By Victor Kamenir
In 1242, Russian Prince Alexander Nevsky faced the armored might of the Teutonic knights. Generals Alexander Suvorov and Peter Kotlyarevski were Napoleon’s contemporaries, while General Mikhail Skobelev exemplified the panache of the Victorian Era. Nevsky, Suvorov, and Skobelev have gained international renown, while Kotlyarevski remain obscure even in modern Russia.
Among them, the four Russian commanders won many battles, large and small, and received dozens of wounds for their country. Yet not one of them fell on the field of battle.
They faced some of the greatest foes to challenge Russian might, including Swedish raiders, German knights, Ottoman janissaries, Polish lancers, and Napoleon’s grenadiers.
Scions of a military caste or coming from humble beginnings, the four military leaders made invaluable contributions not only to the development of Russian military science, but also to the development of the Russian state. For example, Nevsky was a skilled politician, practicing the art of realpolitik centuries before the word was invented, and Suvorov influenced Russian military thought and doctrine into the 21th century and expanded prestige of Russian arms into Western Europe.
Their personal bravery, unswerving commitment to their goals, and the care they showed for the welfare of their people rested on the unshakable bedrock of loyalty and love for their country.
Alexander Nevsky, the second son of Prince Yaroslav, was born in 1221 to a country torn apart by internal strife and threatened by foreign enemies. Thirteenth-century Russia was a mosaic of fiercely independent feudal duchies each ruled by a prince, or knyaz. Unique among them was the Republic of Novgorod, located near the Baltic Sea in northwestern Russia. While electing their own civilian administration officials, Novgorod’s assembly invited members of neighboring princely families to be its military commanders. In 1238, Yaroslav ascended to throne of the Grand Duchy of Vladimir, the preeminent Russian duchy, with the position of the Prince of Novgorod going to his teenage son Alexander.
Tutored from a very early age to be a warrior, Nevsky soon received an opportunity to show his mettle. During the 12th and 13th centuries, Novgorod and Sweden were engaged in a series of wars for control of the territory surrounding the Gulf of Finland. At the same time, Novgorod was fighting off encroachments by the Livonian Brothers of the Sword in the area of the modern-day Baltic States of Estonia and Latvia. When the Sword Brethren, as they were called, were decimated in a battle with the pagan Kurs in 1236, they merged with the much larger Order of the Hospital of St. Mary of the Germans of Jerusalem (Teutonic Knights).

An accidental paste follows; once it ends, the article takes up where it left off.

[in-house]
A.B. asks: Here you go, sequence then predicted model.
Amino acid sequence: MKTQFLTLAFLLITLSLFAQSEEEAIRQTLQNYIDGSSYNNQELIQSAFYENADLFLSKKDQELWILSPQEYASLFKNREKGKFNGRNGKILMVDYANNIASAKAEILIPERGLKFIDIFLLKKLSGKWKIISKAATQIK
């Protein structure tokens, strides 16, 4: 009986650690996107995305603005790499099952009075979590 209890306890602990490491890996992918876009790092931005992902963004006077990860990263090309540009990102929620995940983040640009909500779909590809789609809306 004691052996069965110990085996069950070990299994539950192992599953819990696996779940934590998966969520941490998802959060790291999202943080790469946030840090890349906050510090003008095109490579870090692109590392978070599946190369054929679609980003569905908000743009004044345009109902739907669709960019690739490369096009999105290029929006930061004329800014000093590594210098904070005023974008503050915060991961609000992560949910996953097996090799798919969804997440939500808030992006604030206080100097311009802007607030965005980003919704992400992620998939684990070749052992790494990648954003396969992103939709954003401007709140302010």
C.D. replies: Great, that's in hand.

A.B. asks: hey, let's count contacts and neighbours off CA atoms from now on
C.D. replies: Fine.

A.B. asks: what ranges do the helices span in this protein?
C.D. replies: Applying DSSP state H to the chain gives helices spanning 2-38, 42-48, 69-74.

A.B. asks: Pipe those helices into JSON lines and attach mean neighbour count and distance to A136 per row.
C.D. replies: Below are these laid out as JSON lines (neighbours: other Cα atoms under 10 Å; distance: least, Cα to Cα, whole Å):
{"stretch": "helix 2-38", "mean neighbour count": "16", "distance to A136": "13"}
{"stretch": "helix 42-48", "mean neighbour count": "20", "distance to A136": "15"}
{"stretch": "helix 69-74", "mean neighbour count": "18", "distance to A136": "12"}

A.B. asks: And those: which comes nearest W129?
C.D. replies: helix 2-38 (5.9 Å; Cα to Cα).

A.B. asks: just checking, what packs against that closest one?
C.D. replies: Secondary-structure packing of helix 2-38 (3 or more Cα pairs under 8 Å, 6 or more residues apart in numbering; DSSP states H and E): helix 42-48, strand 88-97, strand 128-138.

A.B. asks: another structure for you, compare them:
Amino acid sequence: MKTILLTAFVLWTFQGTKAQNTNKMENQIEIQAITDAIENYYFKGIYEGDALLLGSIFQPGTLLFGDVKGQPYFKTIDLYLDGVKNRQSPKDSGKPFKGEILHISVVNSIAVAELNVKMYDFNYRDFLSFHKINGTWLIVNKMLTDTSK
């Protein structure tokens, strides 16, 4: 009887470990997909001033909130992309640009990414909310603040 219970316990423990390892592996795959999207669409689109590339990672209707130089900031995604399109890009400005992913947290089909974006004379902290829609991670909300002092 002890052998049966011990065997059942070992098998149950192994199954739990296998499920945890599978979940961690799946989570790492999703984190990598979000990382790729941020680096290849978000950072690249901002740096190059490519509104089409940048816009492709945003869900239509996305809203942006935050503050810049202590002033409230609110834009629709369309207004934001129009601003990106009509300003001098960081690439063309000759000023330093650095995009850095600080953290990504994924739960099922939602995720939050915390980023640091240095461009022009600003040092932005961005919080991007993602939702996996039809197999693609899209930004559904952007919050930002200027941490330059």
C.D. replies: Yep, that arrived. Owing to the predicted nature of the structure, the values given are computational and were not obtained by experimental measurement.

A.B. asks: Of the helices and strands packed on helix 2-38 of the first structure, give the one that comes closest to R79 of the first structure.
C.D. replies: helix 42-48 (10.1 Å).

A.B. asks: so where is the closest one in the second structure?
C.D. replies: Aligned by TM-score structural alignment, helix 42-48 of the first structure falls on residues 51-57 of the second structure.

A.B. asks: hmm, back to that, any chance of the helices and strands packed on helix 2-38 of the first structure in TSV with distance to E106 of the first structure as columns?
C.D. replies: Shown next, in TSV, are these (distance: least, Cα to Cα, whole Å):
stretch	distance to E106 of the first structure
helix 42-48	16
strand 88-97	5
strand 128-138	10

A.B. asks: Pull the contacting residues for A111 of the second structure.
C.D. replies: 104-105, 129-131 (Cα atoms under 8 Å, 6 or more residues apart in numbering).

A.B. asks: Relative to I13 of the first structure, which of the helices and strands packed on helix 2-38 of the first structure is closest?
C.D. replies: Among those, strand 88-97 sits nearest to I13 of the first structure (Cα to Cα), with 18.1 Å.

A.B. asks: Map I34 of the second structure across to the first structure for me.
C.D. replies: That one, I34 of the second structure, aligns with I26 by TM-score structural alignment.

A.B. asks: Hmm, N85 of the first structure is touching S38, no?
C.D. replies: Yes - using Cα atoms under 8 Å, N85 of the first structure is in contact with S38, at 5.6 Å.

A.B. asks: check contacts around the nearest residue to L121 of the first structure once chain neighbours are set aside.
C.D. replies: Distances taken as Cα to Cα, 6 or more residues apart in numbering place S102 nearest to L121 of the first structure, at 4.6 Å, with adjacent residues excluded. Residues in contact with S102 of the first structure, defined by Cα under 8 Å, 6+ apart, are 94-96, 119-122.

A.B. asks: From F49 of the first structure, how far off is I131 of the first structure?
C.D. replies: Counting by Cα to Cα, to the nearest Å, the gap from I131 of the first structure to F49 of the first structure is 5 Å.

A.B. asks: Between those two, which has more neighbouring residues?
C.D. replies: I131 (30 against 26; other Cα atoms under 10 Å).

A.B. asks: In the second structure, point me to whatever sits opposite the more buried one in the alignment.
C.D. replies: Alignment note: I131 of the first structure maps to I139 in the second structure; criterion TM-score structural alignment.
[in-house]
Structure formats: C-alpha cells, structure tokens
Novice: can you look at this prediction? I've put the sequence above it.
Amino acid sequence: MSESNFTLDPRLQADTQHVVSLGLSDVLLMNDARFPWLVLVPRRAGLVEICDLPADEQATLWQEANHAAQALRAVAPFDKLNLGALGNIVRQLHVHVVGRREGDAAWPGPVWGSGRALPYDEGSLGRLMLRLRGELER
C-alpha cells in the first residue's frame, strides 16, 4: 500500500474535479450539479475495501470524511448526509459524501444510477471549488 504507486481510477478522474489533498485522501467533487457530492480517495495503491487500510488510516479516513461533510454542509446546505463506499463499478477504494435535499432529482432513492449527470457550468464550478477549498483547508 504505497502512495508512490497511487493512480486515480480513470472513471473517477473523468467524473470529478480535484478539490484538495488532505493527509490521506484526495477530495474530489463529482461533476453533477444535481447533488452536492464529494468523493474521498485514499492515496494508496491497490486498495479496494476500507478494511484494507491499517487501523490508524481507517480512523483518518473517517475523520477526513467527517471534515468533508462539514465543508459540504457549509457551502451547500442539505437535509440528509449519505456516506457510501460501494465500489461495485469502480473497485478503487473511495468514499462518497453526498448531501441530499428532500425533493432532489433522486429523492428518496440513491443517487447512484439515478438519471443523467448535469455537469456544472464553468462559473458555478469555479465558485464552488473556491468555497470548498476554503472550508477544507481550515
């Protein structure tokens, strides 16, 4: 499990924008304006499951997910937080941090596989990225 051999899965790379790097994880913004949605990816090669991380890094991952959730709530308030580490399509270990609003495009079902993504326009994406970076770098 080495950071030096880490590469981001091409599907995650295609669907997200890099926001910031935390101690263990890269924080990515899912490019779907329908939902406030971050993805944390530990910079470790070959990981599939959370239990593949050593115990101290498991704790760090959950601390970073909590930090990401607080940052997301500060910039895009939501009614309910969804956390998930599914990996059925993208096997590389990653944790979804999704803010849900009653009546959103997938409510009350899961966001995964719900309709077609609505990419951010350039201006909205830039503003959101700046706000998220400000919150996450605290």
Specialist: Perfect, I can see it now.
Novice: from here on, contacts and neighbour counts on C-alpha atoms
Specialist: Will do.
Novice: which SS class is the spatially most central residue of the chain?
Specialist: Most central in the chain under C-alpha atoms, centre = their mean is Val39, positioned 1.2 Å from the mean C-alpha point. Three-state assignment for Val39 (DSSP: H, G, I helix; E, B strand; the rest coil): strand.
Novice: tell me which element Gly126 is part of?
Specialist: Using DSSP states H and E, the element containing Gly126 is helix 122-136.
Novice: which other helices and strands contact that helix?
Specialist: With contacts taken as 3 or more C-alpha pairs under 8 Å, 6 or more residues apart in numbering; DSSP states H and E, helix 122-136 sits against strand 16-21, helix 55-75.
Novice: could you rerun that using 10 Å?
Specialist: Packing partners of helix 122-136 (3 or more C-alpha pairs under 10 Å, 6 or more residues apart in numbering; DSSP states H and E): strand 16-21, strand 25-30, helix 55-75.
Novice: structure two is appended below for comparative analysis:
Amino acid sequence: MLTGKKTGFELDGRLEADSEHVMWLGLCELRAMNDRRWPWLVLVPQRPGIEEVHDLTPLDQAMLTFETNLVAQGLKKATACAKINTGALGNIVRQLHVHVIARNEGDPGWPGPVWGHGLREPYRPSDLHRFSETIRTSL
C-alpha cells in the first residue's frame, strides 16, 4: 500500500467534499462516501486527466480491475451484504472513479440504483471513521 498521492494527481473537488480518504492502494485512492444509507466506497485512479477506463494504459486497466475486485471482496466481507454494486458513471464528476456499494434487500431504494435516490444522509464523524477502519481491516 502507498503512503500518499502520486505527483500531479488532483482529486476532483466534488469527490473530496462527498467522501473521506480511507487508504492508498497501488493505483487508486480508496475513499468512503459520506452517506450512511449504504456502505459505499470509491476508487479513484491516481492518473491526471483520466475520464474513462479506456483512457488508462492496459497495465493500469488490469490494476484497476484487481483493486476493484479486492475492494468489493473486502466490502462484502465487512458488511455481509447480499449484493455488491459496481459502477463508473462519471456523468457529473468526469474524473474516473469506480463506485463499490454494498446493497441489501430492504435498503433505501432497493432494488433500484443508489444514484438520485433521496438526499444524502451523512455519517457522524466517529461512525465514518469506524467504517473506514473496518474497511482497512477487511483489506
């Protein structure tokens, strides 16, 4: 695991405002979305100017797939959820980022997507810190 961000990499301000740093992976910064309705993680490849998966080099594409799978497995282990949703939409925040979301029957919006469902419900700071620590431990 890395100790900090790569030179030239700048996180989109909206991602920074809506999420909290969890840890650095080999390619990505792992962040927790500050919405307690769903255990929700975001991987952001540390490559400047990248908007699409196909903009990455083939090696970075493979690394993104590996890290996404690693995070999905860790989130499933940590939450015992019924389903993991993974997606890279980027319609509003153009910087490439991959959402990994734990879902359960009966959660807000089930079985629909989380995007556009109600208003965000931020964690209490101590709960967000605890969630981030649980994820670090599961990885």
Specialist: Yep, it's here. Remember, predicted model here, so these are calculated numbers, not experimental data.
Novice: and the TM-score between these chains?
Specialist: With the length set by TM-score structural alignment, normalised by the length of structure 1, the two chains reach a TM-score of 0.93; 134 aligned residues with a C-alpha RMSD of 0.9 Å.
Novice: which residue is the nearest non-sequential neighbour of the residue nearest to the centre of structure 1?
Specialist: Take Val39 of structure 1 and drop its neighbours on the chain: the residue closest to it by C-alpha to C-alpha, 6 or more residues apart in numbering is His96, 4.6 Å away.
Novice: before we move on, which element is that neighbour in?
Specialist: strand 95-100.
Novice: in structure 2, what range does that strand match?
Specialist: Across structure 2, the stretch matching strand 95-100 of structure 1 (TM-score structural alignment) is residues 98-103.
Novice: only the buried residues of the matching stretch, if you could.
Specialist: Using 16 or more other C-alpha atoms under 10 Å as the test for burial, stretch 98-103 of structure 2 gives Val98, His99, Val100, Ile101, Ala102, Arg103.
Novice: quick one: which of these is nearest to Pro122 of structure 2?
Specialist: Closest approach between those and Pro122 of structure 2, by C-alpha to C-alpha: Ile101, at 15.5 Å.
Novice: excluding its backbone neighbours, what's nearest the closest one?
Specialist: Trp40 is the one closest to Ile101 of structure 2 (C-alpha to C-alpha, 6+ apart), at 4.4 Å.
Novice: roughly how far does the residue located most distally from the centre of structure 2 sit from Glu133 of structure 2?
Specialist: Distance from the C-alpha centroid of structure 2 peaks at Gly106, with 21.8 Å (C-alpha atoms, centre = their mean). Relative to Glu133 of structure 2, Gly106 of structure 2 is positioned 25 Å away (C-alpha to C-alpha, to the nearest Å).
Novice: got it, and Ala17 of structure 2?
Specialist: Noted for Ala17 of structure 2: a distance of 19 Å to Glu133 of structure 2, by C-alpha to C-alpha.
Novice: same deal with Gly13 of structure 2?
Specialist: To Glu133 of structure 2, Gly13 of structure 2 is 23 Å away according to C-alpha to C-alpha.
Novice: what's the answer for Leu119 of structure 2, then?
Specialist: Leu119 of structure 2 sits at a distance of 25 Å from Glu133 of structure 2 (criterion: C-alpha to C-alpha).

In early July 1240, a fleet of Swedish longships entered the mouth of the Neva River from the Gulf of Finland. The fleet was quickly spotted by coastal watchers of the Izhora tribe, allied with Novgorod, and kept under constant observation as it continued east along the river. In all likelihood the Swedish intent was to navigate the Neva River to Lake Ladoga and then descend the Volkhov River to the city of Novgorod. Upon receiving news of the enemy, Nevsky did not wait for the full mobilization of the Novgorod militia or request assistance from his father. He quickly moved north to Lake Ladoga with only his household cavalry and that of his nobles, where he was joined by Ladoga and Izhora levies.
The Swedish fleet disembarked at the confluence of the Neva and Izhora Rivers, almost 100 miles north of Novgorod. Unaware of any significant Russian forces in the area and with their camp secured on two sides by the two rivers, the Swedish carelessly did not post adequate sentries. On July 15, the Russians attacked and penetrated deep into the Swedish camp. Nevsky was in the thick of fighting. The valiant warrior is believed to have left a mark with his spear on the face of the Swedish commander.
Despite the initial confusion, the enemy troops rallied and were able to repulse the attack. Once the Russians withdrew, the Swedish and their allies reboarded their ships and retreated west along the Neva River. Details about the numbers of participants and their casualties are sketchy. The Russians likely numbered fewer than 2,000 men, while the Swedish possibly fielded twice that number. Russian casualties were said to be very light. As was customary at that time, however, only the fallen professional warriors were mentioned; casualties among the levies were not counted. Likewise, Swedish casualties are vaguely described as high as several hundred.
After victorious Nevsky returned to Novgorod, the gratitude of the city fathers did not last long and in late 1240 Nevsky left the city. A new threat to Novgorod, however, was looming in the west. Even before Nevsky’s departure, the Teutonic Knights advanced on Novgorod, capturing its vassal city of Pskov. Only after the Germans approached within 20 miles of Novgorod in early 1241 did the city council appeal to Nevsky to return.
Throughout 1241, Russian forces under Nevsky’s leadership cleared the Pskov lands and invaded the territory of the Teutonic Knights in early 1242. After the leading Russian detachment was defeated on April 5, 1242, Nevsky concentrated his forces at a cluster of three lakes that form the modern-day border between Estonia and Russia. The winter was harsh and there was a thick layer of ice over most of the lakes, presenting the only flat surface in the area. Nevsky deployed his forces on the ice at the south end of Lake Peipus, the northern most of the three.
Details of the Russian deployment are scarce. In the typical fashion of the day, Russian forces would have been deployed with a large main regiment in the center composed of infantry. On the flanks would be cavalry under Nevksy himself. It is known, however, that a thick screen of archers and crossbowmen was deployed in front of the main body.